The British Library began offering digitized versions of its treasures, for example Beowulf, the earliest known narrative poem in English and one of the most famous works of Anglo-Saxon poetry.
The British Library holds the only known manuscript of Beowulf, dated circa 1000. The poem itself is much older than the manuscript — some historians believe it might have been written circa 750. The manuscript was badly damaged by fire in 1731. 18th-century transcripts mentioned hundreds of words and characters which were then visible along the charred edges, and subsequently crumbled away over the years. To halt this process, each leaf was mounted on a paper frame in 1845.
As explained on the website of the British Library, scholarly discussions on the date of creation and provenance of the poem continued around the world, and researchers regularly required access to the manuscript. Taking Beowulf out of its display case for study not only raised conservation issues, it also made it unavailable for the many visitors who were coming to the British Library expecting to see this literary treasure on display. Digitization of the manuscript offered a solution to these problems, as well as providing new opportunities for researchers and readers worldwide. Continue reading eBooks: 1998 – The Electronic Beowulf Project
Amazon is getting into the author-writing contest arena, launching the first Amazon Breakthrough Novel Award today in cooperation with Penguin and Hewlett-Packard. Amazon will accept submissions through November 5 and the winner will have his or her novel published by Penguin, which is also offering a $25,000 advance. PW will serve as preliminary judges of the material as well.
The contest is free and open to unpublished authors in 20 countries who have English-language manuscripts (complete contest rules and requirements are available at www.amazon.com/abna).
Extract taken from;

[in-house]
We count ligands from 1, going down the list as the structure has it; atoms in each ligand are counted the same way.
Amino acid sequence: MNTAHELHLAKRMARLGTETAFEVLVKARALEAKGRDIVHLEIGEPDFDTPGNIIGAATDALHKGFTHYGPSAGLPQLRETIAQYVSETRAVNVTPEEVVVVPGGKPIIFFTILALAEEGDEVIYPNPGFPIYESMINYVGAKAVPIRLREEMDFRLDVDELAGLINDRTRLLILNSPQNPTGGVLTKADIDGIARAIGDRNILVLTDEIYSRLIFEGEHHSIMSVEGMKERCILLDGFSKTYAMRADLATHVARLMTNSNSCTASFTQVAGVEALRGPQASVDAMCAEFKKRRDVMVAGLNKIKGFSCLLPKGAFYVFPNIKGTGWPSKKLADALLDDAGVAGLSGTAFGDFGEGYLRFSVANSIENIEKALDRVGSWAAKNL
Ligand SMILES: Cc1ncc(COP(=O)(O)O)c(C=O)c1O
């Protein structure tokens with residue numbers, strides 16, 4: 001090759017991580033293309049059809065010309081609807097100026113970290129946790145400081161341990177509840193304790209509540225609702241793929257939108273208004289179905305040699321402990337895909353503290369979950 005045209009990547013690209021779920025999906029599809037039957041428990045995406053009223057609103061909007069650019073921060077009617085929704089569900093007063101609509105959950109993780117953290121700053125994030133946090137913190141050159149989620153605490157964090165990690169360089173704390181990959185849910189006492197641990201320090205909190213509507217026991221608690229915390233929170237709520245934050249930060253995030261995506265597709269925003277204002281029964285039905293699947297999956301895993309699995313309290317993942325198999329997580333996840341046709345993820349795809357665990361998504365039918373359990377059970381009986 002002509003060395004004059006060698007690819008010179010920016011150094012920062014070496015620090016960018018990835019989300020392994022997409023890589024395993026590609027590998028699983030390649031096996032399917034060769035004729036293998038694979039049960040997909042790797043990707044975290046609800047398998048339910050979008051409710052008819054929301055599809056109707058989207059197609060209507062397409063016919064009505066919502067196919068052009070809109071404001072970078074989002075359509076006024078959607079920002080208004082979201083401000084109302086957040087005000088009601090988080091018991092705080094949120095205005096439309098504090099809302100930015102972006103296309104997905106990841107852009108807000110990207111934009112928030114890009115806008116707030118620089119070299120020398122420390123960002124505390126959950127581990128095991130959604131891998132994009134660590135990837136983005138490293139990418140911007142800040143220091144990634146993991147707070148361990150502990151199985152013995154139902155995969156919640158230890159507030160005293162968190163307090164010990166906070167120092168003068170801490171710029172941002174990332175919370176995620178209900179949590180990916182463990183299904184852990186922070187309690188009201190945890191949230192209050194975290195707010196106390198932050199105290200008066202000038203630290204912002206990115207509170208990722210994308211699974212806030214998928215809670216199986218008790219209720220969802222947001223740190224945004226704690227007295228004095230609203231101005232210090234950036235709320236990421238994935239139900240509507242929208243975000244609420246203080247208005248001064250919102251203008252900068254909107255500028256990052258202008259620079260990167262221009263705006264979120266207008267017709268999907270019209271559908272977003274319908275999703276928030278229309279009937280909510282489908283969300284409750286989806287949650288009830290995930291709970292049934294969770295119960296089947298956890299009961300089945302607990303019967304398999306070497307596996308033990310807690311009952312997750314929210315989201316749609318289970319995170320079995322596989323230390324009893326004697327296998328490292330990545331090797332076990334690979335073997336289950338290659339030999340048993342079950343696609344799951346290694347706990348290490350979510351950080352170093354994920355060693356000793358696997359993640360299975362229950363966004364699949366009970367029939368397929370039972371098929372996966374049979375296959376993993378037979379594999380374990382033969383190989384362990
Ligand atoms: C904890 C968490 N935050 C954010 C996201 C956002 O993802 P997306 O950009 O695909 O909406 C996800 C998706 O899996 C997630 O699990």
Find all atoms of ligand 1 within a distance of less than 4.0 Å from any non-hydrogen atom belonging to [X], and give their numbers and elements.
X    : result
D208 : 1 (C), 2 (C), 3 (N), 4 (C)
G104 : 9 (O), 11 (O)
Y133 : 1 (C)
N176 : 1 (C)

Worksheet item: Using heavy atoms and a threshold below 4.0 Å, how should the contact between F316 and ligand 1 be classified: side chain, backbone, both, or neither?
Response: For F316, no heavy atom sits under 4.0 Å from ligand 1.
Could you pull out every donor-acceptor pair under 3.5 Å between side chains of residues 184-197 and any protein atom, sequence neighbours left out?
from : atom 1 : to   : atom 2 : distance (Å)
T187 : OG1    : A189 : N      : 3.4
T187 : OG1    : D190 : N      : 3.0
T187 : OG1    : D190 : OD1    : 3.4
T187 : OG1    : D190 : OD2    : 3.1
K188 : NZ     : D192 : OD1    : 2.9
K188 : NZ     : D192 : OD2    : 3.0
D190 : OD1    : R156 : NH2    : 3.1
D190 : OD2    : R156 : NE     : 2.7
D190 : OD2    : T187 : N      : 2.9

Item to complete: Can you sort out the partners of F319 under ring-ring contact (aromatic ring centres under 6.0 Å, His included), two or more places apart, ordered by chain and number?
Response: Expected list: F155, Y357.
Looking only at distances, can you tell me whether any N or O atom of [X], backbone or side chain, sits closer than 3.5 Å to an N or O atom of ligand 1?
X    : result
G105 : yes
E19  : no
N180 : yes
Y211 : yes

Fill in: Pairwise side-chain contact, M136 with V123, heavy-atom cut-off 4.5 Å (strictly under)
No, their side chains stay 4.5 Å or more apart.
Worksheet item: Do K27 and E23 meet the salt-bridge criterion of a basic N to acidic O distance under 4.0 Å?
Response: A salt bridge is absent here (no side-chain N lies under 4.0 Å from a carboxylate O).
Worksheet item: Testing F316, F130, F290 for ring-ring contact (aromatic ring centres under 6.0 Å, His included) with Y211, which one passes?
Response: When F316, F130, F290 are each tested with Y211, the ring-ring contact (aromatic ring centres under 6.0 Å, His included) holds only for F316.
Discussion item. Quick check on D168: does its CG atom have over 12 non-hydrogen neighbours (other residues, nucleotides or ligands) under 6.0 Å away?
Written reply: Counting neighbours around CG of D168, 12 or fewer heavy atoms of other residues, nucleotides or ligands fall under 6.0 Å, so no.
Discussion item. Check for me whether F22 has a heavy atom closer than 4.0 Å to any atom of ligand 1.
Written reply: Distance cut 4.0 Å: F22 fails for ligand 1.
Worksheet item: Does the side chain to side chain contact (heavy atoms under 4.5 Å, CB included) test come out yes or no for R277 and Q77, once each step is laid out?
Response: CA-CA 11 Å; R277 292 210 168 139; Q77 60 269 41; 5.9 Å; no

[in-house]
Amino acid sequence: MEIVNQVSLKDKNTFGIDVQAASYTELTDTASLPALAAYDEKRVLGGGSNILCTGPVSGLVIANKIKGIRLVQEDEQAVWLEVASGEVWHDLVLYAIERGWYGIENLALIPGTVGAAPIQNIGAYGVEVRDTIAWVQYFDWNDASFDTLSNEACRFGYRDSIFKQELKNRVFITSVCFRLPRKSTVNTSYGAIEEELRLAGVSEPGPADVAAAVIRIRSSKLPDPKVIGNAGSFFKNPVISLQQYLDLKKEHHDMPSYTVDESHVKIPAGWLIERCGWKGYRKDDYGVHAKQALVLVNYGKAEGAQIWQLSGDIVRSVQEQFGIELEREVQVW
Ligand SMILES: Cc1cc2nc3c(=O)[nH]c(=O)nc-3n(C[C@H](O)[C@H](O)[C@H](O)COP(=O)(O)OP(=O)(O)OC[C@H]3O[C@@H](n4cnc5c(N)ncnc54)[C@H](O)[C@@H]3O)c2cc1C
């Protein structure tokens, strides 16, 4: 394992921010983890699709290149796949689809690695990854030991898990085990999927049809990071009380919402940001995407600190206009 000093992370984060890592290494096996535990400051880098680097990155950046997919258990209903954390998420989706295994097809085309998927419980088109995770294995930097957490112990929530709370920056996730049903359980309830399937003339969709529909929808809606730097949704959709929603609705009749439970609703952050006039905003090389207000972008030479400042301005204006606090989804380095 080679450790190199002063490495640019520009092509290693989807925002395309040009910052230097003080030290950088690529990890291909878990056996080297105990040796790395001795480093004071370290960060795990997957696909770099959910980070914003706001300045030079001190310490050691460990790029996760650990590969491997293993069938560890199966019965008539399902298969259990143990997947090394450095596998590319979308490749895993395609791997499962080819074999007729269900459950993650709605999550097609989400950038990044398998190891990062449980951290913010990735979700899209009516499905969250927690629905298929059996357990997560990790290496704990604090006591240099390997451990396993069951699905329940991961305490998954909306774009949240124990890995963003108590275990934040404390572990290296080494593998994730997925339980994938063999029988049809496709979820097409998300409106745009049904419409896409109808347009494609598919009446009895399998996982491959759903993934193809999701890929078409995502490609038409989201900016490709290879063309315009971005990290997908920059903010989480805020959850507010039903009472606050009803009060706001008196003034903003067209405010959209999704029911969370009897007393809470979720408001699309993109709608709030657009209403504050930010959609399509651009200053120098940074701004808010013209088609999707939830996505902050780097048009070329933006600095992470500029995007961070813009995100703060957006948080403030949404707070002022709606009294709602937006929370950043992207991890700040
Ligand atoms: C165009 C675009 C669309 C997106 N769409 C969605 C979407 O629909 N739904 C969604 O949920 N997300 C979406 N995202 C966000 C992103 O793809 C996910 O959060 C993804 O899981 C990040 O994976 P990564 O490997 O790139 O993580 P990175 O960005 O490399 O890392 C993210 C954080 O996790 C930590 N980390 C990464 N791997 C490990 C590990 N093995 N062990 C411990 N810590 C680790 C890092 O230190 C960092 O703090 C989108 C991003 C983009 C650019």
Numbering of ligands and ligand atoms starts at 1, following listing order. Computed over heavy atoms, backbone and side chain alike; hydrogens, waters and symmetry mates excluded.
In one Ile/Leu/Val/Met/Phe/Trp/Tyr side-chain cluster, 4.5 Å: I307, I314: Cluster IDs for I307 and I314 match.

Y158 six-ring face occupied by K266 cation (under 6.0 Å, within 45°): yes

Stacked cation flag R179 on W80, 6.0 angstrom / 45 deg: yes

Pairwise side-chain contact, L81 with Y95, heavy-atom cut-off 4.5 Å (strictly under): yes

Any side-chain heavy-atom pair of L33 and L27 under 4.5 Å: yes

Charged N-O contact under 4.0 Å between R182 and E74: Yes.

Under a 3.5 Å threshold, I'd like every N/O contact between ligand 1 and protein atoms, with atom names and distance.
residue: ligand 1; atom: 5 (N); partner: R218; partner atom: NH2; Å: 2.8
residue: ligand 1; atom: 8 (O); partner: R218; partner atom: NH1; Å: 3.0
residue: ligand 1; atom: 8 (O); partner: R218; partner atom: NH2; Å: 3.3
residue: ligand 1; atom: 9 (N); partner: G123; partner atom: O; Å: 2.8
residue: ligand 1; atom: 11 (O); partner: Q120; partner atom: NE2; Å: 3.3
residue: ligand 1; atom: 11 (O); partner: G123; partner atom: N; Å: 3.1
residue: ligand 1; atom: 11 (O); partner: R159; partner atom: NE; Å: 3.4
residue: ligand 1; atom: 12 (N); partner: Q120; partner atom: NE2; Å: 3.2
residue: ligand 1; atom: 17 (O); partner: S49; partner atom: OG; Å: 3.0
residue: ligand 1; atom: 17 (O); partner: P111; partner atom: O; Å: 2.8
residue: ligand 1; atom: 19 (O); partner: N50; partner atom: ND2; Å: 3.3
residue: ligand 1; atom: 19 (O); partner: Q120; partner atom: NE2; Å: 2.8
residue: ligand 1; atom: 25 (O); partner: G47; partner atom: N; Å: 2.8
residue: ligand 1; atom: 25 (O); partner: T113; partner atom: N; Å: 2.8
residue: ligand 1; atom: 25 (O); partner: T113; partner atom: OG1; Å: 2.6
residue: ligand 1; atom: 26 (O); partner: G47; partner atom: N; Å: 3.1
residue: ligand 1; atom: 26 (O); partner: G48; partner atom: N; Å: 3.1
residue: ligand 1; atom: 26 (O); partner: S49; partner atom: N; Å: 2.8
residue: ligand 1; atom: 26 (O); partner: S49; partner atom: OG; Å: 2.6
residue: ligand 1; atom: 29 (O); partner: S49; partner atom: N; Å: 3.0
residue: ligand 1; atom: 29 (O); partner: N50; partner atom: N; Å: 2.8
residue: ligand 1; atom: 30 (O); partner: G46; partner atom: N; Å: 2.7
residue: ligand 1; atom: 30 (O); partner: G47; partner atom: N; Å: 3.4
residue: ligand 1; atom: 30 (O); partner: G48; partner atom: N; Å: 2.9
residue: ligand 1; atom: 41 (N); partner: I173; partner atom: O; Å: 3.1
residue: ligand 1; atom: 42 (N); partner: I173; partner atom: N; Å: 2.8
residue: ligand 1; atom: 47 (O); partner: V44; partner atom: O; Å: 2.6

Amazon Launches Debut Novel Contest
Publishers Weekly, 2007-10-1
Einstein said that the most important decision you ever make is whether you live in a friendly universe or a hostile universe– in a positive universe or a negative universe.
This relates very strongly to what is perhaps the greatest idea I came up with in all my college years, which was that you make more difference in the world taking something good and making a better thing out of it than by undoing something bad. . . .
When we describe our heroes and superheroes, we often described them only in terms of the bad things they have undone.
However, this is not ALWAYS the case, as TIME magazine managed, in an era of fairly unprecedented biased journalism, to elect a “Person of the Millennium” who had actually taken a good thing, A VERY GOOD THING. . .books. . .and MAKE THEM HUGELY BETTER.
Herr Gutenberg did not have to think he was undoing some evils, all he had to do was think of making more books, better books– faster books, etc. . .as more books were published in just that first fifty years of his invention’s use than in all of history for five thousand years. Continue reading Einstein’s “Most Important Decision”
Electronic publishing is replacing print, changing reading as well as society.
Cavemen used charcoal to write on walls. Ancient Egyptians scrawled hieroglyphics on papyrus scrolls. Medieval monks penned illuminated manuscripts on parchment. Then Johannes Gutenberg changed the world with movable type, making writing available to all.
Now a revolution is under way that is rapidly making ink on paper obsolete. Books as we know them are dead, many experts say.
But questions go unanswered as technology advances. How can we preserve the world’s knowledge in rapidly evolving electronic formats? How can copyrights be protected when books can be duplicated in the blink of an eye? Continue reading Word for Word
A recently discovered 18th-Century keyboard work believed to be one of the earliest by Wolfgang Amadeus Mozart has been performed in Austria.
The piece – about two minutes long – was played by Florian Birsak on a harpsichord in the Salzburg Residenz.
The discovery came in the 250th anniversary year of Mozart’s birth, which was marked by festivities in his homeland and Mozart concerts worldwide.
Experts think Mozart wrote the piece when he was aged between six and 10.
It bears the title Allegro di Wolfgango Mozart and was contained in a volume of anonymous manuscripts given to Salzburg Archdiocese archivist Ernst Hintermaier, Austrian media report. Continue reading New Mozart Work Premiere